FEDERAL COURT KEEPS PROTECTIONS IN PLACE FOR WILD STEELHEAD
Fresno, CA - A U.S. District Court judge rejected an attempt by Central
Valley irrigators to strip protected status from wild Central Valley
steelhead trout. While deferring to the National Marine Fisheries
Service's (NMFS) on-going review of the fish's status, the Court ruled that wild steelhead will remain federally protected during the time it takes to
complete that process. The Court found that "[t]he scientific evidence…
indicates that the fish faces serious and irreparable harm if removed
from the list and that, given its numbers, its listing is likely to be
preserved after the review and update."
Earthjustice represented the seven groups arguing on behalf of wild
steelhead protection, including Northern California Council of the
Federation of Fly Fishers, Federation of Fly Fishers, Delta Fly
Fishers, Trout Unlimited, Center for Biological Diversity, Woodbridge Rivers
Company, and Pacific Rivers Council.
The irrigation district lawsuit argued that steelhead born and raised
in hatcheries must be included with wild steelhead when considering
endangered species status. "It's now up to NMFS to follow the science and continue to protect wild steelhead," said Kaitlin Lovell of Trout Unlimited. "Steelhead in the Central Valley have been lost from 95% of their historic habitat, and they continue to face threats from unchecked water use, blockage by dams, urban sprawl, and polluted rivers. The bottom line is this: without adequate ESA protection, steelhead recovery simply won't stand a chance."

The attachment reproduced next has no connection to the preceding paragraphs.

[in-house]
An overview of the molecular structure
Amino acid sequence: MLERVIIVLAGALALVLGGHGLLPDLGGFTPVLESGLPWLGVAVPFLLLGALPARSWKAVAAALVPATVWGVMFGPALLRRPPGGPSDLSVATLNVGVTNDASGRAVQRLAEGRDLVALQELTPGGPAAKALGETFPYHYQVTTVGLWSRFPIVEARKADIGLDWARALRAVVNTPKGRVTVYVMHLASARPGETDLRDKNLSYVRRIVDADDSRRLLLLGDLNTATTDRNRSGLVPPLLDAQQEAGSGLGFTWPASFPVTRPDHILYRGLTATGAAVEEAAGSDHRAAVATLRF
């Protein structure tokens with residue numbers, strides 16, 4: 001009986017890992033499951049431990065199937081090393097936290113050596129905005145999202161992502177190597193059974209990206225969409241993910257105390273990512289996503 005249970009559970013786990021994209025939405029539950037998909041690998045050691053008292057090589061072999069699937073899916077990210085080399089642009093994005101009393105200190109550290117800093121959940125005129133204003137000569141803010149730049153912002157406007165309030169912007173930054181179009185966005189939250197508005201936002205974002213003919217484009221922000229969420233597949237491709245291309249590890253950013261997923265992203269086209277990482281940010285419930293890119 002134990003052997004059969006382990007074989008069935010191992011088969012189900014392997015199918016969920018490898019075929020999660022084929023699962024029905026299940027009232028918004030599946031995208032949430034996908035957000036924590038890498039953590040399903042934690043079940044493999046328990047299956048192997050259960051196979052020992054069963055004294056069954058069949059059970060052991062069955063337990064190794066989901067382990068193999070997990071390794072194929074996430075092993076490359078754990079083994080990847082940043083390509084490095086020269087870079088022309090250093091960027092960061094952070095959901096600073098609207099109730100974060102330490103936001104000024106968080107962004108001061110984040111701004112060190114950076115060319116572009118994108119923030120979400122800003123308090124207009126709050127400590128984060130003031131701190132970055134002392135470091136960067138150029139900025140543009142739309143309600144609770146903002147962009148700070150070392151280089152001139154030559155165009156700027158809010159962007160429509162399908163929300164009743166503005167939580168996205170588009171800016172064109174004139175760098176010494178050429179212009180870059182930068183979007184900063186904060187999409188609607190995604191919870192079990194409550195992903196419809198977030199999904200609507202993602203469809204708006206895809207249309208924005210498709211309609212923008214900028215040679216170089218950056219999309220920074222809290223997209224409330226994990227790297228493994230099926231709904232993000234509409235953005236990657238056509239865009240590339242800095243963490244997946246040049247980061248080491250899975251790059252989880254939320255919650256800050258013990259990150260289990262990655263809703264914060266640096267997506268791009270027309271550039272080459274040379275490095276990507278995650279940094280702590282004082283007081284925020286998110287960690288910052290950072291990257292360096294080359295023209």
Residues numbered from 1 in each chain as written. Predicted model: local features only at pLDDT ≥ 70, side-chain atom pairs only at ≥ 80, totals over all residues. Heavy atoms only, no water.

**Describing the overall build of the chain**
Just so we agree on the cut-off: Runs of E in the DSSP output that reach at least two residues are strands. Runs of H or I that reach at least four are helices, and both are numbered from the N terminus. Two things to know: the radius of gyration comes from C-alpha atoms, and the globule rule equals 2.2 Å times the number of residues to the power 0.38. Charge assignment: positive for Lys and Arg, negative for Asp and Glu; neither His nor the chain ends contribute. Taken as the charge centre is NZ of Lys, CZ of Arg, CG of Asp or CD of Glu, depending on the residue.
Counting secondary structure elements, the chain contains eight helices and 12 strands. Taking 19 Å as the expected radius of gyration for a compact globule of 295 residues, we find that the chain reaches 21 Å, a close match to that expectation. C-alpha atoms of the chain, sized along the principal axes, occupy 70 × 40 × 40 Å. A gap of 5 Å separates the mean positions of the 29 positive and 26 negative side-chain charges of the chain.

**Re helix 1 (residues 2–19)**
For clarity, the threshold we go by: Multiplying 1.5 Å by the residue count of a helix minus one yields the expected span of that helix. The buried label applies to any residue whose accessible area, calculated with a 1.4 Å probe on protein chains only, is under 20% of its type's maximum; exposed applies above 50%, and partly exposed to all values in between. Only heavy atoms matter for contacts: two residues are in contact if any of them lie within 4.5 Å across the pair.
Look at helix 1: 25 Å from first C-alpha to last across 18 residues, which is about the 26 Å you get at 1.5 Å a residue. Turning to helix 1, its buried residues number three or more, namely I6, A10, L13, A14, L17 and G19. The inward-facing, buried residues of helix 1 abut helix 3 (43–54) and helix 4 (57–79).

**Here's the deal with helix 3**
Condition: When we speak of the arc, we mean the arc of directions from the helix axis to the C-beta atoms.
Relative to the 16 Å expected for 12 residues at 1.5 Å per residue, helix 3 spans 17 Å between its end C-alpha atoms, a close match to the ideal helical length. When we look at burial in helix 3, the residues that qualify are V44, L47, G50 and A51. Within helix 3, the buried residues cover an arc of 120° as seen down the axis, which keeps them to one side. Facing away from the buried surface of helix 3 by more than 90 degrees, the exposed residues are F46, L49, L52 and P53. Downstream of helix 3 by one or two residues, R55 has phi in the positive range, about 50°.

The steelhead in the Central Valley once returned every year from the
ocean to the Sacramento and San Joaquin River systems in great numbers. According to a report released in 2003, federal scientists are "highly concerned" that Central Valley steelhead populations continue to decline. In addition, the Court agreed with the conservation and fishing groups that NMFS never determined that rainbow trout and steelhead in the Central Valley should be considered together.
"Anyone who's ever been lucky enough to see or catch a steelhead in the
wild knows they're a special fish," said, Norm Ploss of the Northern
California Council of the Federation of Fly Fishers and its Wild Steelhead
Committee. "The irrigators didn't bring this case because they were interested in protecting rainbow trout. They wanted to use rainbow trout to allow more water diversions from Central Valley rivers."
The case was the latest in a concerted effort by developers, irrigation
and agribusiness interests, and others to strip federal Endangered Species
Act protections from salmon and steelhead stocks up and down the Pacific
coast following a controversial district court opinion in September 2001. The ruling found that under the agency's then-existing guidance, artificially bred hatchery fish could not be ignored in ESA listing decisions. Treating hatchery fish as the equivalent of wild fish when making listing decisions has been widely criticized by scientists, conservationists, and fishermen.
Just last year, a National Marine Fisheries biological review team
concluded that the Central Valley run should properly be upgraded from threatened to endangered status, since less than 1% of the historical wild steelhead run remains. Hatchery fish are contributing to the declines of wild steelhead by introducing disease, changing the genetics of wild fish, and competing for scarce resources."
Contact: Norm Ploss, Northern California Council Federation of Fly
Fishers, (831) 588-3817 firstname.lastname@example.org
Saving our sportfish and their habitats
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